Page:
But wait, you say, that’s not what I’ve heard in church all these years (in the rare times the topic is raised)! Isn’t this just a new feel-good theology departing from orthodox teaching? To the contrary, Instone-Brewer argues this was the original theology of the Church, and presents a compelling historical lesson on why it has been in disfavor or simply unknown for all this time. 

Of course, Instone-Brewer’s interpretation is not without its detractors – influential theologian John Piper’s position is that all remarriage after a divorce should be prohibited in the Church while both spouses are alive (Piper’s organization has also asserted that Marvel’s Captain Marvel is problematic because it presents a woman saving men from danger rather than being protected and cherished by men, so there’s that). On the other hand, the Tim Keller-founded Gospel Coalition reviewed Instone-Brewer’s book and deemed it “essential reading for anyone concerned to develop a biblical understanding of divorce and remarriage…the author presents the fruits of many years of research in a clear, gripping and enjoyable way.”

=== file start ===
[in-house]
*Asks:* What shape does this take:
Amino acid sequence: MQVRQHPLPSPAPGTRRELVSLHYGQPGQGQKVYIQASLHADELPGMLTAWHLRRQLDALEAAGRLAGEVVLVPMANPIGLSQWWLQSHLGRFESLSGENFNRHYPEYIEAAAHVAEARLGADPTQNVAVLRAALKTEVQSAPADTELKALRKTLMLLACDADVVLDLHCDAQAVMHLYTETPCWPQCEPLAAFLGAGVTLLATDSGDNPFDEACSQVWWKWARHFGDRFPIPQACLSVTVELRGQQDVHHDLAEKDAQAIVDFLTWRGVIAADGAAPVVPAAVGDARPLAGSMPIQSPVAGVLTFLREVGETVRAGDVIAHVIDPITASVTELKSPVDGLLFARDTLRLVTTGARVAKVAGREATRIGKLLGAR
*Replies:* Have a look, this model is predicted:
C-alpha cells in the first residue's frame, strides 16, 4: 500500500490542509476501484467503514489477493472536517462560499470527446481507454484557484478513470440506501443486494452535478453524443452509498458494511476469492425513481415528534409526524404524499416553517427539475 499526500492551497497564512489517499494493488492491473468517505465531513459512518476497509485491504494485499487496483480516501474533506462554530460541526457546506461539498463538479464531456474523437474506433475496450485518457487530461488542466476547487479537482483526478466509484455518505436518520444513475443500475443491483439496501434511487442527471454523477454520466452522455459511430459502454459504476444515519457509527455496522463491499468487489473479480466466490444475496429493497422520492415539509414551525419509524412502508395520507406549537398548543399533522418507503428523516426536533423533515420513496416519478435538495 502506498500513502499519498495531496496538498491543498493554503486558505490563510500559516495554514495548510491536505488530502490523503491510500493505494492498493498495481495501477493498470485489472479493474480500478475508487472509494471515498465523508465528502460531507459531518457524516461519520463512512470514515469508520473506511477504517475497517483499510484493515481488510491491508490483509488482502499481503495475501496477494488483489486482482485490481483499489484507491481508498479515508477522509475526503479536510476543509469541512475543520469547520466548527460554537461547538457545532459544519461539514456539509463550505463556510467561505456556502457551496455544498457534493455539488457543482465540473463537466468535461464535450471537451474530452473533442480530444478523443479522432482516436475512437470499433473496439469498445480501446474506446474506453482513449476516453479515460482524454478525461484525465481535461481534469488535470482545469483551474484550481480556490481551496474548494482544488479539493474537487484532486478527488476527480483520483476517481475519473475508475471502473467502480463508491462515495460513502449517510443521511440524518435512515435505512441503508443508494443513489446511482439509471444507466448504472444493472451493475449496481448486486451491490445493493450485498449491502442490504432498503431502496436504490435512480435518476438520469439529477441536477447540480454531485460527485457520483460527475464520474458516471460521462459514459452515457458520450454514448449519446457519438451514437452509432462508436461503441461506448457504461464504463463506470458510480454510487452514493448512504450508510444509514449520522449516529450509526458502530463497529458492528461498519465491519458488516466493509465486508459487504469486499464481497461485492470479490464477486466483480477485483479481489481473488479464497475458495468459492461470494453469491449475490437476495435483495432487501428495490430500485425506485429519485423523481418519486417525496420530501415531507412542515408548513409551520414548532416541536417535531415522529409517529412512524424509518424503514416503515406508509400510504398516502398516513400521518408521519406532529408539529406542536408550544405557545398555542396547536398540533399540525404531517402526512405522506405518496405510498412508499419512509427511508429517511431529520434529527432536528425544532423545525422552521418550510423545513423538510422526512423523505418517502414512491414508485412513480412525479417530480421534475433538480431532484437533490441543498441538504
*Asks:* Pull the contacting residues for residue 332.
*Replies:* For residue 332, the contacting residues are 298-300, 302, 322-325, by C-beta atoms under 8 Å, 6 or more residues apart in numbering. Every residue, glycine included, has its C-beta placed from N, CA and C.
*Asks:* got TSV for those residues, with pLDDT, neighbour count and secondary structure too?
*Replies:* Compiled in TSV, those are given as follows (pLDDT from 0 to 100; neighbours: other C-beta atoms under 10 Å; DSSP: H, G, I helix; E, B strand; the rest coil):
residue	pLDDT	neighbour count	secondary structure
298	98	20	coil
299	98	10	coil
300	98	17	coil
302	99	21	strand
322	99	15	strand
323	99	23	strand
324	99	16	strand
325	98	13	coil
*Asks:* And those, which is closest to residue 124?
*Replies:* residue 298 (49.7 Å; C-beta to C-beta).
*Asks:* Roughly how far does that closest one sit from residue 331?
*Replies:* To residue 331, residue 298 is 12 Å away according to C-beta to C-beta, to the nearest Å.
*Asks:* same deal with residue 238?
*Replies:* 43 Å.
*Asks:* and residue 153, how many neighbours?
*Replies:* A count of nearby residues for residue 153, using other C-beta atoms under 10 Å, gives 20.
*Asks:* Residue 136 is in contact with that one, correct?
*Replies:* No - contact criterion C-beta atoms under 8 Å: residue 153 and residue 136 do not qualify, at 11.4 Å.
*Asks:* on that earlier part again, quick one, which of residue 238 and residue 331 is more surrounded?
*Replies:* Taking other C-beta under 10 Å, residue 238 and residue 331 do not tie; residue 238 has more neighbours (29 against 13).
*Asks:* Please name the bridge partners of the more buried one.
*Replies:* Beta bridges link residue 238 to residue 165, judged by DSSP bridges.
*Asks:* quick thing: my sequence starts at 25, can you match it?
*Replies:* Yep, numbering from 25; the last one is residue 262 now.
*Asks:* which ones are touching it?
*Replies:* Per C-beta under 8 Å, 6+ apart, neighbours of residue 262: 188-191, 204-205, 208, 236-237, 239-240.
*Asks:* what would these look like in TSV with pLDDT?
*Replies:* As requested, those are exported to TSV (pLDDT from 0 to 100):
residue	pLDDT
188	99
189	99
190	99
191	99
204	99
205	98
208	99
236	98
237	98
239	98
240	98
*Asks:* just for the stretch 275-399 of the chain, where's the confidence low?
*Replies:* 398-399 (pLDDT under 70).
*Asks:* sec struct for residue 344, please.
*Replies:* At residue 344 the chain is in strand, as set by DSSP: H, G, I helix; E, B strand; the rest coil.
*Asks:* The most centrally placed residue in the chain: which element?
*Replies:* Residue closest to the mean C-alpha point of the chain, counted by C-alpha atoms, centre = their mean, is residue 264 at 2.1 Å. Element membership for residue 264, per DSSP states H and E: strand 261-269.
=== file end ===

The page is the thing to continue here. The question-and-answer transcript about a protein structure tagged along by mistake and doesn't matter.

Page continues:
In the end, for me, I return to where I started with this, which is that as a mediator and attorney, it is not my place to tell anyone how to proceed with the life-changing decision to pursue a divorce, and, although I did double-major in Religion and English in undergrad some 20-odd years ago, my Biblical knowledge is far less than Instone-Brewer’s, Keller’s, or Piper’s, so I am not here to say who is right and who is wrong. But I am keenly sensitive to the importance of the issues for clients and their friends, pastors, therapists, and family members, and my hope is that Instone-Brewer’s book can provide insight and guidance on very difficult questions.